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In the classic book Positioning: The Battle for Your Mind, by Jack Trout and Al Ries, there is an ongoing thematic—the overwhelming value of being #1 in a market. The reasoning? It is extremely hard to dislodge the company that captures a position in the minds of target customers first.
Think about how long Coca-Cola has been the #1 cola (since the 19th century) or Hertz has been the #1 car rental company (since 1918) and you’ll get a sense for how difficult it is to displace the top brand in a market.
As we’ve learned in previous brand positioning tips, a key part of the brand positioning process involves deciding on the competitive frame of reference or references in which you’d like to position your company or brand. I emphasize references because one thing to consider is whether, in addition to positioning your brand in an existing market (where you may not be #1), you should be creating a new market in which you can be #1, because there is no one else in it yet.
Some leading business strategy thinkers refer to this as a “blue ocean strategy” where you choose to create or grow a new market rather than fighting in a competitive one that already exists (a “red ocean”).
From a brand positioning perspective, I often return to a similar principle I call the 1-2 punch.
The 1-2 punch is simple:
Punch 1: Grow the market
Punch 2: Lead the market you grow
Punch 1: You may compete in a frame of reference where you are not #1, but throwing punch 1 means putting your energy into creating or growing a different competitive frame of reference that didn’t exist in the minds of your audience before.
Punch 2: This is where you must really capitalize on the benefits of being an early mover in a market. If you throw punch one (grow the market), but do not effectively land punch 2 (lead the market you grow), you may find yourself in a world of hurt. Let’s look at a few examples:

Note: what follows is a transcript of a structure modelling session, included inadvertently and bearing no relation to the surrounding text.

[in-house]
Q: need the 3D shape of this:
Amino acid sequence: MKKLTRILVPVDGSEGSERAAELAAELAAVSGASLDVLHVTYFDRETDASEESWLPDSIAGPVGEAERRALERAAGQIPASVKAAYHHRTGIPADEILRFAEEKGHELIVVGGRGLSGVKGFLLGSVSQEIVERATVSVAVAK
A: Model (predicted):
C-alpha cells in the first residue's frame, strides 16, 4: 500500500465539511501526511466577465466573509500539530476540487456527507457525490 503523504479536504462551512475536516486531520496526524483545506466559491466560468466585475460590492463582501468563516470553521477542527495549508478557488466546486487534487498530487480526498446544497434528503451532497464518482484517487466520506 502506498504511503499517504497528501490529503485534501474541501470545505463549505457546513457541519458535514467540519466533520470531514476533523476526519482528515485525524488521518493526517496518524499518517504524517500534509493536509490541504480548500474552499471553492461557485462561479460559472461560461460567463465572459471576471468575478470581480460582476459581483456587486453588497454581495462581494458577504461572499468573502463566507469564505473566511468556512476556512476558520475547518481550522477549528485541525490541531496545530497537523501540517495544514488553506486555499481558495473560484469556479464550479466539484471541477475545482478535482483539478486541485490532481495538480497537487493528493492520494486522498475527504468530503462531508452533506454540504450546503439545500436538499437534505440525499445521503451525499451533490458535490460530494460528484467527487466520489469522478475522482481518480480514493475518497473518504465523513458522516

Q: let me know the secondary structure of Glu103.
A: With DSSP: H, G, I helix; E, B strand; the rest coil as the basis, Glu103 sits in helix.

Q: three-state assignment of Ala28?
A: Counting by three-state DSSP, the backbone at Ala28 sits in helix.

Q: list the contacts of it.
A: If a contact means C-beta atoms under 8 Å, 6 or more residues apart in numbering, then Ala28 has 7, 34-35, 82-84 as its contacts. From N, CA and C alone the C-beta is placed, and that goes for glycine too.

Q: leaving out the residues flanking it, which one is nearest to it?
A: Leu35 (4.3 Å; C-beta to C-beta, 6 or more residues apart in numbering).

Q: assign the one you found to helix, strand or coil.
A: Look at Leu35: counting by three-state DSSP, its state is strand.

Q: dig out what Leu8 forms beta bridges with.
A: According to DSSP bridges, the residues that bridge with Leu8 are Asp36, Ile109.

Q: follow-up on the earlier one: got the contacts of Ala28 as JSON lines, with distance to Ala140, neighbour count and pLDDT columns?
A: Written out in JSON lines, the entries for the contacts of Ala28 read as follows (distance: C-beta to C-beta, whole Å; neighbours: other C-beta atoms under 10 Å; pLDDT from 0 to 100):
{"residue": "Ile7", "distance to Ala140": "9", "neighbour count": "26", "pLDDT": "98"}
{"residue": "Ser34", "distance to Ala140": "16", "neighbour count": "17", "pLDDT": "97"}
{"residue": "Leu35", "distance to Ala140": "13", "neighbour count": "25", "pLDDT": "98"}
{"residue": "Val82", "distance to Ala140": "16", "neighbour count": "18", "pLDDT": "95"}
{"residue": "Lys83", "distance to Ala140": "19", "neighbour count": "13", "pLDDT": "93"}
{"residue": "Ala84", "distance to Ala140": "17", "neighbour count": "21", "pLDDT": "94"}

Yesterday Red Hat’s brand manager, John Adams, showed me a New York Times article about Intel’s new brand campaign that they call “The Sponsors of Tomorrow” that launches on Monday.
From the Times article:
[The campaign] focuses on the amusingly weird, technology-focused culture of Intel and celebrates the company’s role in the future, rather than the present… the ads highlight achievements of Intel engineers in a humorous way.
The campaign is Intel’s first ever that focuses on the brand rather than products… and that’s where its power comes from.
…ad executives began spending time at Intel, and noticed its appealing culture. “We started thinking about Intel, like, ‘OK, what’s it like in the cafeteria when they’re in there eating lunch together?’ There’s got to be a whole hierarchy of people in there who they admire,” Mr. Bell said.
There first few bits are pretty funny and showcase the weird rock star computer nerd culture that exists in every tech company I’ve ever seen. It will be very interesting to see where Intel takes this… and how the public reacts. I’m kind of digging it myself!